Vince Atkinson is a man whose personality is reflected in his appearance.
With his old-fashioned combover and round-frame spectacles, Vince looks like a VCE English teacher. And his role at the Academy similarly requires both dexterity and composure.
As the High-Performance Manager, Vince oversees, reviews and triangulates the Redbacks’ overlap between the sports medical program, strength and conditioning program and the GPS program. His aim is to ensure that the playing group is ready for game day and ensure that the training workloads, treatment and data analysis are resulting in a best practice system.
Vince will spend hours during a week talking with the heads of programs.
Monday and it’s Jake Palmer, the GPS guru. Jake’s database output of the Redbacks’ running numbers – total distance, endurance, time on ground, physical state post-match and week-to-week development of all of the above – is a crucial counterpoint to how the success of the Redbacks’ coaching and medical treatment.
Tuesday and it’s Matt Newbold and Riley Box on the phone as Vince asks the Academy’s strength and conditioning team how their players pulled up on Saturday. Any aches and pains? Especially amongst players whose training routines and match-day roles were under inspection the previous week?
At training on Tuesday and Thursday nights, Vince will consult the sports medical teams on the injuries and treatment of their patients and then report to the not only Riley and Matt but also Mitch and Gezim.
Any conversation Vince conducts with a program will be meaningful to the other two programs. Each impacts the conduct of the other.
“The Academy gives me more experience working with a high-performance team and managing all the different individual sports science and strength and conditioning programs,” says Vince. “Hopefully I’ll keep developing my knowledge of the industry.”
Vince was approached for a position at RMIT after heading up North Melbourne’s strength and conditioning program in the Kangaroos’ inaugural AFL Women’s season.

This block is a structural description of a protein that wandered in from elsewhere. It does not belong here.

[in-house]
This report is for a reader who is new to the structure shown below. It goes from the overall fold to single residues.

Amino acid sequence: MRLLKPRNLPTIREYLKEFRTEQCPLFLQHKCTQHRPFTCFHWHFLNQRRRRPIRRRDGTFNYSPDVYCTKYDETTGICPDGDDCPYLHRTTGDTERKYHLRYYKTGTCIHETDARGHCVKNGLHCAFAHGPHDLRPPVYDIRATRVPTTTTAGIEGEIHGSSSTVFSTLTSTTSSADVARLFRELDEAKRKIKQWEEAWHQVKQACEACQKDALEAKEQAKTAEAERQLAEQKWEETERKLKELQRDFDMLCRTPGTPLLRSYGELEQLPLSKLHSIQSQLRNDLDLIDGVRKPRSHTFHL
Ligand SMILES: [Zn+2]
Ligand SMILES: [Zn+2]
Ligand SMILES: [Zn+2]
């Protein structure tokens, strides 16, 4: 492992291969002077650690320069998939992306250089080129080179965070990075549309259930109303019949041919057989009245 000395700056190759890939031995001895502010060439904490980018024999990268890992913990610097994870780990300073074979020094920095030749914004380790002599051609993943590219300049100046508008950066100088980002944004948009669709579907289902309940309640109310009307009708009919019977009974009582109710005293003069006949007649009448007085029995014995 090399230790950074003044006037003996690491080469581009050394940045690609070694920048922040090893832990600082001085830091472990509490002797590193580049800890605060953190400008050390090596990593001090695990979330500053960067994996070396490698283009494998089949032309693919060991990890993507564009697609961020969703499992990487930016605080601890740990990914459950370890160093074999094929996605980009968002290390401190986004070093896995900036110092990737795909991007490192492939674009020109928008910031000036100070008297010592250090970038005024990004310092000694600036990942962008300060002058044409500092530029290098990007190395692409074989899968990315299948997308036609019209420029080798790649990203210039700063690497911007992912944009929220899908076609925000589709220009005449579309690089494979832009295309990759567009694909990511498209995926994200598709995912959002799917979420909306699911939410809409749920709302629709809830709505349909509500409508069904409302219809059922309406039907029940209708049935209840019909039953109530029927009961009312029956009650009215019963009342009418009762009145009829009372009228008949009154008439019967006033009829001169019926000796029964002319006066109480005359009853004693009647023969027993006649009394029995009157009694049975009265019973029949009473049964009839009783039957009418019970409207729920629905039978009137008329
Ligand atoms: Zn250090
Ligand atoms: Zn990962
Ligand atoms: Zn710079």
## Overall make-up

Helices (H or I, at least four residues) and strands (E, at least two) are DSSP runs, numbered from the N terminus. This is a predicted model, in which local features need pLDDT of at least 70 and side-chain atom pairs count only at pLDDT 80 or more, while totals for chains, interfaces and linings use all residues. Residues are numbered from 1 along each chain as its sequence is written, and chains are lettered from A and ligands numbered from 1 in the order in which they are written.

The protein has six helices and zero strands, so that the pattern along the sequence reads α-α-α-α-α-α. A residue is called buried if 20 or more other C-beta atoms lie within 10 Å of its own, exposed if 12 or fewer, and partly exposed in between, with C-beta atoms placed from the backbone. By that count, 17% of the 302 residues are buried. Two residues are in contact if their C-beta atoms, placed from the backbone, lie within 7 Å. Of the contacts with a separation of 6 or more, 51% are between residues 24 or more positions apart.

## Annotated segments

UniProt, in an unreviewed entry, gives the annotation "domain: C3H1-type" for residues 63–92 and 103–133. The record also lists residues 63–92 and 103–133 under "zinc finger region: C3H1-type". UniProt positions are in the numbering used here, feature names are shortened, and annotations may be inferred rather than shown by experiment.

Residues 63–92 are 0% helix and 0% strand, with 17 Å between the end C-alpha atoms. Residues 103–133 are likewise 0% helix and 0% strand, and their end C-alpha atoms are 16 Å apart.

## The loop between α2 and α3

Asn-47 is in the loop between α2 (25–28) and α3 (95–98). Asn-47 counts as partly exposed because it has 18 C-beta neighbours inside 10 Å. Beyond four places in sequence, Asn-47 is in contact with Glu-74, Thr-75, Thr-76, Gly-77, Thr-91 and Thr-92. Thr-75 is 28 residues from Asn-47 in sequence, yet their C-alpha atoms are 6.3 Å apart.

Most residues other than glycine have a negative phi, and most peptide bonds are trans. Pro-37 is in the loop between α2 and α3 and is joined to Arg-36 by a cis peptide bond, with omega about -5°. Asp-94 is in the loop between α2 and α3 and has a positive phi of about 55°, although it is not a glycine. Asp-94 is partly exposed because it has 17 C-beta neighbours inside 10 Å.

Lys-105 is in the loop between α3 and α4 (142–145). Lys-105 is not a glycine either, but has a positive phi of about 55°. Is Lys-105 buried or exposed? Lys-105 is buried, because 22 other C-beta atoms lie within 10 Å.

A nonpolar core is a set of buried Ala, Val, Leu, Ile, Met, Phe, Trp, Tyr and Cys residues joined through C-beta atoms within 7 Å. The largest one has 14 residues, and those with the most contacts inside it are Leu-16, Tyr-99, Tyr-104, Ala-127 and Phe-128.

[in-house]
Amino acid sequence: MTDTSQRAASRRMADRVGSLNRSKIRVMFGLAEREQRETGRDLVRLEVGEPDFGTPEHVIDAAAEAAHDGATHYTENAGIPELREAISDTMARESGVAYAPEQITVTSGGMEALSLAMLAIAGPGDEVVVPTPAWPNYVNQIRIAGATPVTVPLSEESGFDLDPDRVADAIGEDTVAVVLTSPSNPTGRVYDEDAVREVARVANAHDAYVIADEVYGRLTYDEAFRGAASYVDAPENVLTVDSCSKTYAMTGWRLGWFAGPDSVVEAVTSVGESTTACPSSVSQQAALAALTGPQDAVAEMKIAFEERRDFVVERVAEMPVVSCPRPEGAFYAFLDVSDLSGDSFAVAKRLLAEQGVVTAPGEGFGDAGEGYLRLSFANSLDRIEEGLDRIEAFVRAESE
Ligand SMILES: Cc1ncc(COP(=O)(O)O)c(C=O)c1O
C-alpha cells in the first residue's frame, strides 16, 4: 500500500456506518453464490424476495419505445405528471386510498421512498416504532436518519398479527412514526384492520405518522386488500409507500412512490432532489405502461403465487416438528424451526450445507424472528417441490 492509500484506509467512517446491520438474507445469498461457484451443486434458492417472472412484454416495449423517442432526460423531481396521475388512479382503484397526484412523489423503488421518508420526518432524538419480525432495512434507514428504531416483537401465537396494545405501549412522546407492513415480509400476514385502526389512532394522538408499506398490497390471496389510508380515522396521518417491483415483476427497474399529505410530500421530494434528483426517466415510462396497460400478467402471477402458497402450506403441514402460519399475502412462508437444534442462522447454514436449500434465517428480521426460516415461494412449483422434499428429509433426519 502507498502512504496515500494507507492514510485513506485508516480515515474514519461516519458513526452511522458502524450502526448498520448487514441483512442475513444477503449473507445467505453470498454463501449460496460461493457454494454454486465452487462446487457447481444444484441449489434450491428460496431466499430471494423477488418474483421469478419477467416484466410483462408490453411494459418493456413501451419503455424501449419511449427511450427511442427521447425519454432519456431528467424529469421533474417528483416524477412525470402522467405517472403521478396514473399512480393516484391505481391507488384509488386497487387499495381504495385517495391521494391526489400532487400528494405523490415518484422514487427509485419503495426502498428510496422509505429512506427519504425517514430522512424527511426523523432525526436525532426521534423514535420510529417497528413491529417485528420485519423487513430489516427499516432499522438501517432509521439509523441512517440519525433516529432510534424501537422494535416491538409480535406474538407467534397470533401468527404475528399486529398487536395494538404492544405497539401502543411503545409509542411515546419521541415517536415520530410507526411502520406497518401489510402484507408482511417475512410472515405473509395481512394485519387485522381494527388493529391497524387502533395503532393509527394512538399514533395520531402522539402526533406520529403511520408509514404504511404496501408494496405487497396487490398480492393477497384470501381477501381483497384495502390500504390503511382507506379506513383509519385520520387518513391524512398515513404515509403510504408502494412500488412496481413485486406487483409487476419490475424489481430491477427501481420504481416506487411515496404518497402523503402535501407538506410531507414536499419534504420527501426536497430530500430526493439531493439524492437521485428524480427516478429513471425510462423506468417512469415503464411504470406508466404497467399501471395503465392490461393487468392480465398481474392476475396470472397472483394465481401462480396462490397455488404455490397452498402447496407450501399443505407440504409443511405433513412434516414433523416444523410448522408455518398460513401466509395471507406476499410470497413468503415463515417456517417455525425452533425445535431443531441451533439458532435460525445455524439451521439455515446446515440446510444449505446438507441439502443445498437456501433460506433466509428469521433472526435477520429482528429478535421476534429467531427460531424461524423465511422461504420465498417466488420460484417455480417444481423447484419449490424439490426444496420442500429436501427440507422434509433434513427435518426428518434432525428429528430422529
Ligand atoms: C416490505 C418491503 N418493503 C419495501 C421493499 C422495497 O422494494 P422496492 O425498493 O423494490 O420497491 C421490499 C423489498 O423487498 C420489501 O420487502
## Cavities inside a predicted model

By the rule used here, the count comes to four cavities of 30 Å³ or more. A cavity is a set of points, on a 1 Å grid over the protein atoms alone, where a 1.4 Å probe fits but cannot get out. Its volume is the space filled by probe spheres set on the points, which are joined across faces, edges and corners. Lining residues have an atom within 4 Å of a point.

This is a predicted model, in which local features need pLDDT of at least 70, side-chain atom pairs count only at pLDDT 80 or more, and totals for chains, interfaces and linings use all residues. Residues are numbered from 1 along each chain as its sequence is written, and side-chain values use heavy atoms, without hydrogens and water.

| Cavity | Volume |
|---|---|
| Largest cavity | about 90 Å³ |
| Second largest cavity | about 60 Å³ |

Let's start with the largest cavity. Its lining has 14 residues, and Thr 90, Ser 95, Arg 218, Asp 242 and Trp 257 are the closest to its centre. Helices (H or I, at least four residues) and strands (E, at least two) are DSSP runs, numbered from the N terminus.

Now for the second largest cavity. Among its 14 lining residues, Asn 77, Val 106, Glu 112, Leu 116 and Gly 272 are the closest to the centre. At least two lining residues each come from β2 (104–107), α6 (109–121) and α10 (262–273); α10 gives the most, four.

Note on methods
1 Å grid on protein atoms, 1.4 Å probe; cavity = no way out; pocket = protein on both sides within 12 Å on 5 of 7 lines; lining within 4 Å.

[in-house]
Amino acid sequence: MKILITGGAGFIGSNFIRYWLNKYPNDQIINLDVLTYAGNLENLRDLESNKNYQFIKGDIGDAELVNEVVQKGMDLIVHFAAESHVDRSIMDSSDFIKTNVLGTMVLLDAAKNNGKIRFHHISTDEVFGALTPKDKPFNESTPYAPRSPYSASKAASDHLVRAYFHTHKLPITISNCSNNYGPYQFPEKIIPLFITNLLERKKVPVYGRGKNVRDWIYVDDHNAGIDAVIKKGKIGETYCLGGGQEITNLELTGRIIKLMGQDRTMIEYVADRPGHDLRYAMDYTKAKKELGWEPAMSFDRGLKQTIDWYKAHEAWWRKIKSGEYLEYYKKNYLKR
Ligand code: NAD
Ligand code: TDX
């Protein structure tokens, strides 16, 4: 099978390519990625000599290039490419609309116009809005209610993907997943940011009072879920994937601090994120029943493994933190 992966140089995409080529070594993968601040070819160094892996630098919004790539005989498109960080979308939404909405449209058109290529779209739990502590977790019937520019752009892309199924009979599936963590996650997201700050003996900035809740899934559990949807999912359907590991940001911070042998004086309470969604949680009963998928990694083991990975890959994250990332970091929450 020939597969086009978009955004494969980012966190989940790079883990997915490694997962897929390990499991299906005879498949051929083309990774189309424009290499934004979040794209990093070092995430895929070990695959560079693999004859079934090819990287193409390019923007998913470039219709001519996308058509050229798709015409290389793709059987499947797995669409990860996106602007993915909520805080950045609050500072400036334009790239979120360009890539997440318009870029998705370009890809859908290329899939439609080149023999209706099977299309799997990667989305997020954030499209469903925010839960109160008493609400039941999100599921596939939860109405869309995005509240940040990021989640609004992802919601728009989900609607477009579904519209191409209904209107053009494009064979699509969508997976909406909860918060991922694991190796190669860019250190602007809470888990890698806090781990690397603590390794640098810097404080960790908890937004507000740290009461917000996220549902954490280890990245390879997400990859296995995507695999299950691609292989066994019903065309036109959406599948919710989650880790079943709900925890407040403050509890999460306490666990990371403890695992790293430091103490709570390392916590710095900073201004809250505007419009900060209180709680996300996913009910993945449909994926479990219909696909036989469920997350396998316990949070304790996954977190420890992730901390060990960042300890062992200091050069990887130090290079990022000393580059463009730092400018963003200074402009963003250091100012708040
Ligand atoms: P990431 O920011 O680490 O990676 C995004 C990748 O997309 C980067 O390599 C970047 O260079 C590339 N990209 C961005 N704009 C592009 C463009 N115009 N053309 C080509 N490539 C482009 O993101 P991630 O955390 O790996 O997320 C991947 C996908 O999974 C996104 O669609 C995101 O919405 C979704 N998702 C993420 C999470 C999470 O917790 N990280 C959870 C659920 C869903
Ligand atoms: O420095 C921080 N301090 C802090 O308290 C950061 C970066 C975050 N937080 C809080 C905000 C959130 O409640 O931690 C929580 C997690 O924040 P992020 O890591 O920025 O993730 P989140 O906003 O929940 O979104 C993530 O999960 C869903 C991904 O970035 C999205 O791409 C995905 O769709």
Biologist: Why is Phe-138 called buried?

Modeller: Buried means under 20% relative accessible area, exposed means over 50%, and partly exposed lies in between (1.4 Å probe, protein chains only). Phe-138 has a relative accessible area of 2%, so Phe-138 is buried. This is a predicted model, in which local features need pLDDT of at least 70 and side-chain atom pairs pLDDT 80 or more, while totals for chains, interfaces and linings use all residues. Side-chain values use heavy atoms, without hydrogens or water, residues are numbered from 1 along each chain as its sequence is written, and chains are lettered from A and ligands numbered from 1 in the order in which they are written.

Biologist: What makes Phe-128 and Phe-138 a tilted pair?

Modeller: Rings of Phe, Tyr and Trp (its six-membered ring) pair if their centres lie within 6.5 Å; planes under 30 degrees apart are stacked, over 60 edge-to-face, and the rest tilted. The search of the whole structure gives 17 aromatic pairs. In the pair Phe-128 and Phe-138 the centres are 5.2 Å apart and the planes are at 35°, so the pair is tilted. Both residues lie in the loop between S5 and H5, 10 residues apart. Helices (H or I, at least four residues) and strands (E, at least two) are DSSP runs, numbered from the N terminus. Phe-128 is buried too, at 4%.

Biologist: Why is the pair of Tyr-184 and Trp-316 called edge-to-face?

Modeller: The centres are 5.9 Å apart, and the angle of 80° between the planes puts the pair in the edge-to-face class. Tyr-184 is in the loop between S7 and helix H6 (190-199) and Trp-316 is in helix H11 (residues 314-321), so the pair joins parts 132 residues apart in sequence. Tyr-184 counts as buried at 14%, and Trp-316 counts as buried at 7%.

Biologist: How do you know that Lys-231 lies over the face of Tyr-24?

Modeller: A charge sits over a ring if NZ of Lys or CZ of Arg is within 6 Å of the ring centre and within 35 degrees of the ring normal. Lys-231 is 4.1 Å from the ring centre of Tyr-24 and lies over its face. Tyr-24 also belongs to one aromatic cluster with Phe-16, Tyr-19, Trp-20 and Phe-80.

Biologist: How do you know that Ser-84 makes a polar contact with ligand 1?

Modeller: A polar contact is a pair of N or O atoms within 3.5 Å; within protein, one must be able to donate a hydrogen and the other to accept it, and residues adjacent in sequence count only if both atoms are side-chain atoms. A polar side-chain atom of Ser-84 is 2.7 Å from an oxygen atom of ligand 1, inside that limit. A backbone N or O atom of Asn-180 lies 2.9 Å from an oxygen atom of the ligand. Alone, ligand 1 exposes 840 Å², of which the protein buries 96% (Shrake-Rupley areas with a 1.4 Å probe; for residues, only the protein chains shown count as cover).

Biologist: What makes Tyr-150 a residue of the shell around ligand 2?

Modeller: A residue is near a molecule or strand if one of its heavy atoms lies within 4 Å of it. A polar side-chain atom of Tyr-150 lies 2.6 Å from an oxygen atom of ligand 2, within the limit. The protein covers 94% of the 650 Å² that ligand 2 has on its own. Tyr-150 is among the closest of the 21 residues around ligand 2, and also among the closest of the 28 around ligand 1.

“When you’re setting a club up for VFL Women’s standard, you need someone to set up a strategy and a plan on how to interact with the sports medical team, the sports analytics team and set up a strength and conditioning program and then to have the three integrated you need someone sitting over the top,” says Chris O’Connor.
“Vince had come from AFLW and VFLW and he had the practicality to understand where the Academy was in its inaugural year but then to also build us towards a fully-fledged program as we got more resources and more experience.”
In the years to come, the executive committee intends for the Academy to expand across a variety of sporting codes. This will fit the RMIT Basketball program, also currently in its flagship year, under its umbrella and Vince’s role will expand further.
“Vince has a really unique ability to connect with the Strength & Conditioning team and joint the dots between the Strength & Conditioning team, the sports medical team and the coaching team,” says Sally Tanner.
“He has come into the fold really quickly and understood what we’re trying to do really quickly. His skillset is really highly valued and I can see him playing the role with our Big V Basketball team and supporting their growth and potentially our other tier-one clubs. His skills are beyond football but his ability to connect people is really strong, so he’s creating great culture amongst those programs and people within the Academy.”